Many NGOs aim to tackle the root causes of poverty and contribute to sustainable, long-term social changes. Influential writers have explained how this depends on local people being 'empowered' to take more control over their lives.
Amartya Sen is one of the most important writers on development. He describes human development as being 'integrally connected with enhancing certain capabilities - the range of things a person can do and be in leading a life. We value the freedom of being able to live as we would like and even the opportunity to choose our own fate.' This is much broader than meeting basic human rights.
Paulo Freire has also been very influential. He emphasised how an outside organisation has to work with local people to reflect on their social situation - and think together about what can be done to change it. Dialogue comes before action. Freire's method is called 'praxis' and involves cycles of reflection and action. Through 'praxis', local people (and outsiders) improve their understanding of social issues and build up the confidence and skills to tackle them at the same time.
Poverty is not just an accident
Freire pointed out that fighting poverty is political - it means fighting injustice. Poverty is not just an accident: it is the result of social structures (including political, cultural and economic factors) that favour the rich and powerful, at the expense of the poor and vulnerable. Trying to change these social structures means fighting established interests at local, national and global levels.
Implications for NGOs
Building on this work, writers like Robert Chambers and Alan Kaplan emphasise that outsiders cannot 'do' development to local people. Local people have to drive their own development at their own pace, if it is going to have any lasting impact. This makes sense in relation to ourselves - we prefer to make our own decisions about our own lives.
This makes it difficult for NGOs to achieve their goals for three reasons.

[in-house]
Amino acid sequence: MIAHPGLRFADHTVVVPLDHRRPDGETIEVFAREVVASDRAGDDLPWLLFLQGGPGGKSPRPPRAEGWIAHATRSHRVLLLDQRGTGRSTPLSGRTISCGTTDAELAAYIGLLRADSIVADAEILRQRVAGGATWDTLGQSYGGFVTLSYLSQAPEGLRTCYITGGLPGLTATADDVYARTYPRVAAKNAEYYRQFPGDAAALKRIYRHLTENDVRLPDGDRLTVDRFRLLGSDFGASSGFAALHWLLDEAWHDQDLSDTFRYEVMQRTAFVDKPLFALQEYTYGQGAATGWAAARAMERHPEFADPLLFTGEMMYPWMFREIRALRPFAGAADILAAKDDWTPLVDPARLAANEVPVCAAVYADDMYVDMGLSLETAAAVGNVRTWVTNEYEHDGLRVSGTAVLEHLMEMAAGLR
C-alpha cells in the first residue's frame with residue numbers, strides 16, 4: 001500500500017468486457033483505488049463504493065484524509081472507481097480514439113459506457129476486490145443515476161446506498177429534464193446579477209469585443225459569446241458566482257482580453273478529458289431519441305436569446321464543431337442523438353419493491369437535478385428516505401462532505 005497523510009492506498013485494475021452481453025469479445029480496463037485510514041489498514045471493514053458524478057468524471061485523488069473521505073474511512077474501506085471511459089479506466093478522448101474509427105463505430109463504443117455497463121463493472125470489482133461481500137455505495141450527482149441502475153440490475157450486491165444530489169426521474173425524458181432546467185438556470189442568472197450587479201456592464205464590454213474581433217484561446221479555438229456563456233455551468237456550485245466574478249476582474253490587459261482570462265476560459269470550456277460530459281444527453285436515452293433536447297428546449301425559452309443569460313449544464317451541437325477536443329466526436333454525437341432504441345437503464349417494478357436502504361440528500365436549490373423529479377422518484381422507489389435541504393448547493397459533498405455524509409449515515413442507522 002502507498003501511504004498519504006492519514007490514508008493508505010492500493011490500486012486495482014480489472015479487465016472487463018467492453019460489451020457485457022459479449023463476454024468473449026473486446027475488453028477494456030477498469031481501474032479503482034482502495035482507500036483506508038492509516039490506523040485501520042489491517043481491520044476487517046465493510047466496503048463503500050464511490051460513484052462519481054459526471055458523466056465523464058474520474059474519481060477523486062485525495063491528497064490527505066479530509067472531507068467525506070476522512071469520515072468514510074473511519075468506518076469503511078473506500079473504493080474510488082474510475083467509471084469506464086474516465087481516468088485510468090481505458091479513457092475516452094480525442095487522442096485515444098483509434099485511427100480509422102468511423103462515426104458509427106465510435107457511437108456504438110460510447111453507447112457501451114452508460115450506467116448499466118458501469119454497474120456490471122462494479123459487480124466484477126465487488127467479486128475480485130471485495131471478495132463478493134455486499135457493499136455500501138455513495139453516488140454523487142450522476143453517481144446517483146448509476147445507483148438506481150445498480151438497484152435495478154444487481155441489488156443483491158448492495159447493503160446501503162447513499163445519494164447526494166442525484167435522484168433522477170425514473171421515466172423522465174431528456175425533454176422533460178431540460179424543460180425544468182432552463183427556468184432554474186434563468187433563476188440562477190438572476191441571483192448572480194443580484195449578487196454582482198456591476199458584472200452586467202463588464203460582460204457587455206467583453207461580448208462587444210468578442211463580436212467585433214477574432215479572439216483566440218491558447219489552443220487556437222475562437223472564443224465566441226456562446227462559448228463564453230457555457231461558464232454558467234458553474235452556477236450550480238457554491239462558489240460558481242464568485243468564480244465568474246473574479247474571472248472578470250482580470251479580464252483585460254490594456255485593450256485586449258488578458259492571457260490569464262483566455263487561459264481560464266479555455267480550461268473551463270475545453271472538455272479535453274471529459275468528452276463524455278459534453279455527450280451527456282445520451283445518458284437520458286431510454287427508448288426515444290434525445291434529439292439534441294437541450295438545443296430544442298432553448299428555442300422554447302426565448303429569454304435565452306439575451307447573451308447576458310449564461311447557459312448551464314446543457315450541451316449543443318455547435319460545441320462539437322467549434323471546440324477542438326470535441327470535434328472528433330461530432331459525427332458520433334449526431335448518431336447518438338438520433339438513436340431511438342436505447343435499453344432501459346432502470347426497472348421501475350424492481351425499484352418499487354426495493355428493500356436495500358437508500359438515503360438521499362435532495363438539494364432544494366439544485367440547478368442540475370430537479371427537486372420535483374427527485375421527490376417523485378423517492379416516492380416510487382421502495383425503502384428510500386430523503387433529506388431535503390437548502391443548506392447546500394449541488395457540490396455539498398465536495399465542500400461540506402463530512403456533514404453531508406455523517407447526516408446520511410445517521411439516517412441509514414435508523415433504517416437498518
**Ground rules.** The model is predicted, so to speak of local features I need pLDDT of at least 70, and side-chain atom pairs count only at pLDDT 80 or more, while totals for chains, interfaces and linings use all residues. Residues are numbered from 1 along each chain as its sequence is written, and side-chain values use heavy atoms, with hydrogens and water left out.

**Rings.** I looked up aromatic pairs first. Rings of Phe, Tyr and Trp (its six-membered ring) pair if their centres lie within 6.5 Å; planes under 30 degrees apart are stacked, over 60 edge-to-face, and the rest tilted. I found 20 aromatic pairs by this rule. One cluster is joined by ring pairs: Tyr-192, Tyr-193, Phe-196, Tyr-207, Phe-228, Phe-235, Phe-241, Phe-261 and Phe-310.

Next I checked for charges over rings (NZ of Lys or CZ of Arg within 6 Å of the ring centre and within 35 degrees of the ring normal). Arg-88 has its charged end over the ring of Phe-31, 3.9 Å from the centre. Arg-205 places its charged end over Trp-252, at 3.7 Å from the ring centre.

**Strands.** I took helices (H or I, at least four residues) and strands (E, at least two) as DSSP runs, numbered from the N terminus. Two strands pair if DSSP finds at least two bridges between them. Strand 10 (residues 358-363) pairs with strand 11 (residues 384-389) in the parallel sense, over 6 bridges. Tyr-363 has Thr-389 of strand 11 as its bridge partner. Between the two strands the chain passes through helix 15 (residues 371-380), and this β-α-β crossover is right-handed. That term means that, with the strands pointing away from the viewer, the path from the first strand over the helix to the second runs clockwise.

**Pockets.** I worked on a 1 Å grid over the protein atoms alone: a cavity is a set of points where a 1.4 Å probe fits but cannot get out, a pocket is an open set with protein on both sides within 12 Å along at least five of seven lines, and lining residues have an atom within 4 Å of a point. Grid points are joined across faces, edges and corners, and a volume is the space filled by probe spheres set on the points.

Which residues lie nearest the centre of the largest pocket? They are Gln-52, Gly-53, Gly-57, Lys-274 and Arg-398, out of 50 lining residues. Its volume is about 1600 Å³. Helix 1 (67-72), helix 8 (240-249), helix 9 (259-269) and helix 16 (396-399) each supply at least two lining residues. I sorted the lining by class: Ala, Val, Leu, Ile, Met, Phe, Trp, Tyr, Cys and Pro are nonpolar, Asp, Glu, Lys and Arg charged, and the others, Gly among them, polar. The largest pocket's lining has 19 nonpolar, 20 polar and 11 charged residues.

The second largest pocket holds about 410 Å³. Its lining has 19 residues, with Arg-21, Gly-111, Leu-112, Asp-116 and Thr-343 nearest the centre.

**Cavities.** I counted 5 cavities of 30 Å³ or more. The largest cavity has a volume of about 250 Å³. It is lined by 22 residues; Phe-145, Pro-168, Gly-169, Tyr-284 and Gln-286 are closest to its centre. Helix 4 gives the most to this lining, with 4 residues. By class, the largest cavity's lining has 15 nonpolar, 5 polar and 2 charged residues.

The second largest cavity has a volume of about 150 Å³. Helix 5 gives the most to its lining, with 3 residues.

- Firstly, local realities are "local, complex, diverse, dynamic and unpredictable" - every social situation is different and is always changing. So an NGO's work needs to be adapted to each different place it works (including political, economic, social and cultural factors). NGOs also need to be ready to respond to changes in the local environment, as these other factors change.
- Secondly, social change takes time. It relies on individual people changing their views and habits. NGOs need to be committed to the people they are trying to help, working with the same people for many years. There are no short cuts.
- Finally, it is not possible to measure empowerment on a single scale because it is not a concrete thing and it takes a different form in every place.
NGOs have to invest real time and energy in respectful dialogue with local people.
|This is the single most important factor in working towards empowerment and lasting social change. It helps local people develop their own understanding and 'voice', as well as helping make sure that an NGO's initiatives are relevant and useful.|
These insights are in tune with our everyday experience. We all know that helping people – like the next-door neighbour – is difficult.
Case study 1998 Thailand - a good example of beneficiary empowerment and accountability
Further reading on development - a short selection of key books and papers (including the references mentioned on this page).